Carbohydrate active enzymes (CAZymes) comprise a large class of enzymes responsible for the assembly and degradation of glycans in biological systems. CAZymes are widely employed enzymes in industry, being used in brewing and food processing, animal feed preparation, industrial pulp and paper applications and increasingly in biofuel development. While the use of CAZymes is cost-effective in glycan degradation, glycan assembly generally requires the use of expensive nucleotide sugar phosphates as a starting material. The high cost of these materials makes an assembly approach towards industrial-scale glycan synthesis difficult and usually non-viable. One class of CAZyme that has received little attention from industry is that of the glycoside phosphorylases (GPases), which offer a potential solution to the high-costs associated with glycan synthesis. These enzymes bypass the need for expensive nucleotide sugar phosphates, and thus, we believe that approaches employing GPases will be of high market value. The bottleneck in this approach to glycan synthesis currently is the very limited range of GPases available, limiting the classes of glycan that can be assembled. To help increase the spectrum of known GPases available, we have turned to metagenomics as means to discover new enzymes belonging to this family. This will involve high-throughput (HT) screening of bacterial genome fragments recovered directly from the environment for expression of novel GPases. Here, we report the development of a novel HT screening methodology that allows the screening of large libraries constructed from metagenomic DNA. A dual approach is described using functional screening and bioinformatic techniques. By using a synthetic substrate analogue that produces a colorimetric response when processed by a GPase we are able to identify functional candidates from libraries containing upwards of 25 000 clones at a time. Likewise, utilising previous sequence data accumulated by our collaborators (Hallam Lab), we were able to identify GPases based on sequence homology. To date, through this screening methodology we have discovered 5 new GPases and a new class of CAZymes: the stereochemistry-retaining β-glycoside phosphorylases.

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Synthesis of cellulosic glycolipids using engineered enzymes (2014)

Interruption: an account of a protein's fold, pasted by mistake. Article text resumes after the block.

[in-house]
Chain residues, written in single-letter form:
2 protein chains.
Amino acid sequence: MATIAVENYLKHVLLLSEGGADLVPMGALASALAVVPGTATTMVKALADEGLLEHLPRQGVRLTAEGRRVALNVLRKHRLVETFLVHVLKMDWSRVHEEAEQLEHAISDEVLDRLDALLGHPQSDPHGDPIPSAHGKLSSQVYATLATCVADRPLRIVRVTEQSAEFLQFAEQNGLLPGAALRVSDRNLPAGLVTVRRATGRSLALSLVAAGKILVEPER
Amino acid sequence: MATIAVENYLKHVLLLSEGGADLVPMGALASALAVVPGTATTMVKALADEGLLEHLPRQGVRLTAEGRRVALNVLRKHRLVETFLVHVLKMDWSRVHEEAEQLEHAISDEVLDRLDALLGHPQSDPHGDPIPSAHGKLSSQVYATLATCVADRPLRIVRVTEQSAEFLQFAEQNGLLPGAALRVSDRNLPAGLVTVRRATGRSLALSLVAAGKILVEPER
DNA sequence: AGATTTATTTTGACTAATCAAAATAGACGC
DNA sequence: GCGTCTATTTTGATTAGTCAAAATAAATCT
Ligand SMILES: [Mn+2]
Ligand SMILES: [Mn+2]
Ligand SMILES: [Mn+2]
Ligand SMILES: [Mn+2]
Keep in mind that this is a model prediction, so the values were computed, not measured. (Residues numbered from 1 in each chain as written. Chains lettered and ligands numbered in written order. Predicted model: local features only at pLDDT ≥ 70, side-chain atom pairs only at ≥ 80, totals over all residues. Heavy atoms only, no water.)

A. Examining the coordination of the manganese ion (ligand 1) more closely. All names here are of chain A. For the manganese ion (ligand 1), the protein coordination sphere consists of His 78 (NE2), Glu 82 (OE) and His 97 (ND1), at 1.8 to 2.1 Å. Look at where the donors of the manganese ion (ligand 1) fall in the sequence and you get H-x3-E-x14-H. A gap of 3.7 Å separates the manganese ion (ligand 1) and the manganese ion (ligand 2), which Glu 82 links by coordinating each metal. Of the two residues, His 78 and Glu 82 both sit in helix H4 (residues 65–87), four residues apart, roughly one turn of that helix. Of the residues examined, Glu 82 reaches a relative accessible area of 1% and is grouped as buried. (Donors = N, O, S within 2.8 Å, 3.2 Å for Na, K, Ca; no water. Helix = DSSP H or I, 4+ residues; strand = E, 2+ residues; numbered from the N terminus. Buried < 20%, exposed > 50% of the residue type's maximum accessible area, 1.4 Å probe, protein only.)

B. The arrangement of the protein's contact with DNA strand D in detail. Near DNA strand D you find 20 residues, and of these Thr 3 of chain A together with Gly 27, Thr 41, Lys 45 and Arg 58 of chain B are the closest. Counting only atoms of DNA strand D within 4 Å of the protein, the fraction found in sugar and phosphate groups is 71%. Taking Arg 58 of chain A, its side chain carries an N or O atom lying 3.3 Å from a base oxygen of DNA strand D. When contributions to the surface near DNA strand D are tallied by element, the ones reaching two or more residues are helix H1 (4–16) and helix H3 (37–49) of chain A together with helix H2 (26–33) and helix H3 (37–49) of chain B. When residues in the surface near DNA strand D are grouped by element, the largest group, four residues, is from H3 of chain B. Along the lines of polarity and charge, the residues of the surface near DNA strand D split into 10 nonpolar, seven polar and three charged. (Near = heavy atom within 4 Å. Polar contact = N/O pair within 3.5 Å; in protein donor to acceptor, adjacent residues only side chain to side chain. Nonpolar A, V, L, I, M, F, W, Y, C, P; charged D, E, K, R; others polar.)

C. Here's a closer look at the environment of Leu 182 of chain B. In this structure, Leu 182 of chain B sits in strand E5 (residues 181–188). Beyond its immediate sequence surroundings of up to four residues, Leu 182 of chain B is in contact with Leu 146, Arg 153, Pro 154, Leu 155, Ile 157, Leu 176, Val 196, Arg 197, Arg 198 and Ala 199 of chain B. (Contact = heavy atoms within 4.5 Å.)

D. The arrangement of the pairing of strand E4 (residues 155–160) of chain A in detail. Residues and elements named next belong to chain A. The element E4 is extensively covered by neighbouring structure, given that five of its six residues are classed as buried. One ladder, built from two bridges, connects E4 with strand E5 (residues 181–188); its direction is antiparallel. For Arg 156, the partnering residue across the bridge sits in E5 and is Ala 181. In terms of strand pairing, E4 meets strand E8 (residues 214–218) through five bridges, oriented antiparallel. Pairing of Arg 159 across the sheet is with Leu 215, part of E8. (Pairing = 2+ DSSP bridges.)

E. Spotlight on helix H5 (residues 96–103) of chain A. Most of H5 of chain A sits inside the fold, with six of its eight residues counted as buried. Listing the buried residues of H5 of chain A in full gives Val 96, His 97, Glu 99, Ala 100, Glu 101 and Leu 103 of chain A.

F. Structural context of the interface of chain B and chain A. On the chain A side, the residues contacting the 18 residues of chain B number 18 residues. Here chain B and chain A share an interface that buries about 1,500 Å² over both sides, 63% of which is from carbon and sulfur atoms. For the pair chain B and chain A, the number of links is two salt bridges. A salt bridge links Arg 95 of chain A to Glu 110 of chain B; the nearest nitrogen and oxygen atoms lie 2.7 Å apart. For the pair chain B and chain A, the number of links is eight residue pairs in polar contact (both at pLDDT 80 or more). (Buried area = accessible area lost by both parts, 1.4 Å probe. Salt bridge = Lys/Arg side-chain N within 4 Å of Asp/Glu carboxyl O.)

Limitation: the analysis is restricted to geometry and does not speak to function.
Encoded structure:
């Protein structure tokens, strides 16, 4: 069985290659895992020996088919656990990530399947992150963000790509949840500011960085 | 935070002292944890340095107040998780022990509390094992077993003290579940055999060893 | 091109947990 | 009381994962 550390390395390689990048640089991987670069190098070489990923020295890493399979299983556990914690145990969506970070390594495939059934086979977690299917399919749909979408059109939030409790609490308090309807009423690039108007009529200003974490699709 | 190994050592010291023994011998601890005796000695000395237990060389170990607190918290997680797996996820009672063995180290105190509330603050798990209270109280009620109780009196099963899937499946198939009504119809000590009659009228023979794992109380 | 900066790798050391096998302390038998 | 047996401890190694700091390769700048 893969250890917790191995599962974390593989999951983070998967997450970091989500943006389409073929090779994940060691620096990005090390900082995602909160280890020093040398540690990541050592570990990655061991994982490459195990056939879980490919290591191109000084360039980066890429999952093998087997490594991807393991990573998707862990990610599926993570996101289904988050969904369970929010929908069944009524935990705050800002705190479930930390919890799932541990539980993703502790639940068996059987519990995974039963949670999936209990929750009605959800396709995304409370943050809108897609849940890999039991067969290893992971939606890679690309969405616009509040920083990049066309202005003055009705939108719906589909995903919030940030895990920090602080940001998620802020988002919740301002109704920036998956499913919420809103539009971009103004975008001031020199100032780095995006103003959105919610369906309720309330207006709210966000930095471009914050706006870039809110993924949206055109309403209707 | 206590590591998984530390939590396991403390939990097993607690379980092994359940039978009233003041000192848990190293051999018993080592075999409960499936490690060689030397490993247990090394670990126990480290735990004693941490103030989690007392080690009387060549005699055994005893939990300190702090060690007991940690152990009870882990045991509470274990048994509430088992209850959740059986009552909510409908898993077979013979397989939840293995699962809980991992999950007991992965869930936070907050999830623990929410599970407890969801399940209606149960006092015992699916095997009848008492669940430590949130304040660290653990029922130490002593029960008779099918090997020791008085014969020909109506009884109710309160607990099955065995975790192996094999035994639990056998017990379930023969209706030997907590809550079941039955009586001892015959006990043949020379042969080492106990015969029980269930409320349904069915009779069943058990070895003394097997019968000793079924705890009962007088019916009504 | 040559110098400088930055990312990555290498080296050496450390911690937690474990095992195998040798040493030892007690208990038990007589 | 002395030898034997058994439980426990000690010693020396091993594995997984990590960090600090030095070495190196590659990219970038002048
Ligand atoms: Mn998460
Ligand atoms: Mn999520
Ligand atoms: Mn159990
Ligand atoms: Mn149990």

Cellulose, a linear polymer of D-glucose units connected by β-1,4 glycosidic bonds, adopts a highly-ordered crystalline structure in solution. In cellulose I, the dominant form of cellulose in nature, the polymeric chains are aligned in the same direction. Previous attempts to synthesize cellulose I in vitro have resulted in the synthesis of cellulose II, which has the thermodynamically favored anti-parallel orientation of chains. The synthesis of soluble fragments or defined surfaces of cellulose I would enable more detailed study of carbohydrate binding domains and other proteins that interact with cellulose in nature.The objective of this thesis is to prepare a crystalline surface of cellulose I in a controlled manner through the alignment of cellulolipids. A major focus of this thesis is the synthesis of cellulolipids with a cellohexaosyl head group. Cellohexaose is the shortest cello-oligosaccharide with cellulosic properties, but is consequently insoluble in aqueous solution. To improve the solubility of cellohexaose, the addition of a removable charged functionality was explored: either a terminal sialic acid or a phosphate group at the 6 position of the non-reducing terminal glucose. Abg2F6 glycosynthase from Agrobacterium sp. was used to synthesize β-1,4 linked cello-oligosaccharide fluorides from DP = 2 to DP = 4. These cello-oligosaccharides were modified with a removable charged functionality and utilized as donor substrates by CelB glycosynthase, a mutant of a β-1,4 endoglucanase from Caldicellulosiruptor saccharolyticus. Through the combination of glycosynthase enzymes and charged functionalities, a variety of soluble cellohexaosyl analogs were synthesized.Lyso-glycosphingolipids were prepared by transferring cello-oligosaccharyl fluorides to D-erythro-C18-sphingosine using EGCase glycosynthase. CelB glycosynthase used charged glycosyl fluoride donors to extend the lyso-glycosphingolipids, yielding soluble cellulolipids. The soluble cellulolipids were aligned along an aqueous:organic interface and the charged functionality was removed. Thus, a surface was prepared that appeared to interact with a carbohydrate binding module functionalized with a fluorescent tag. The soluble cellulolipids were successfully incorporated into a nanodisc, as shown through the incorporation of phosphorylated cellohexaosyl sphingosine. Cleavage of the phosphate using alkaline phosphatase yielded a nanodisc containing cellulolipids.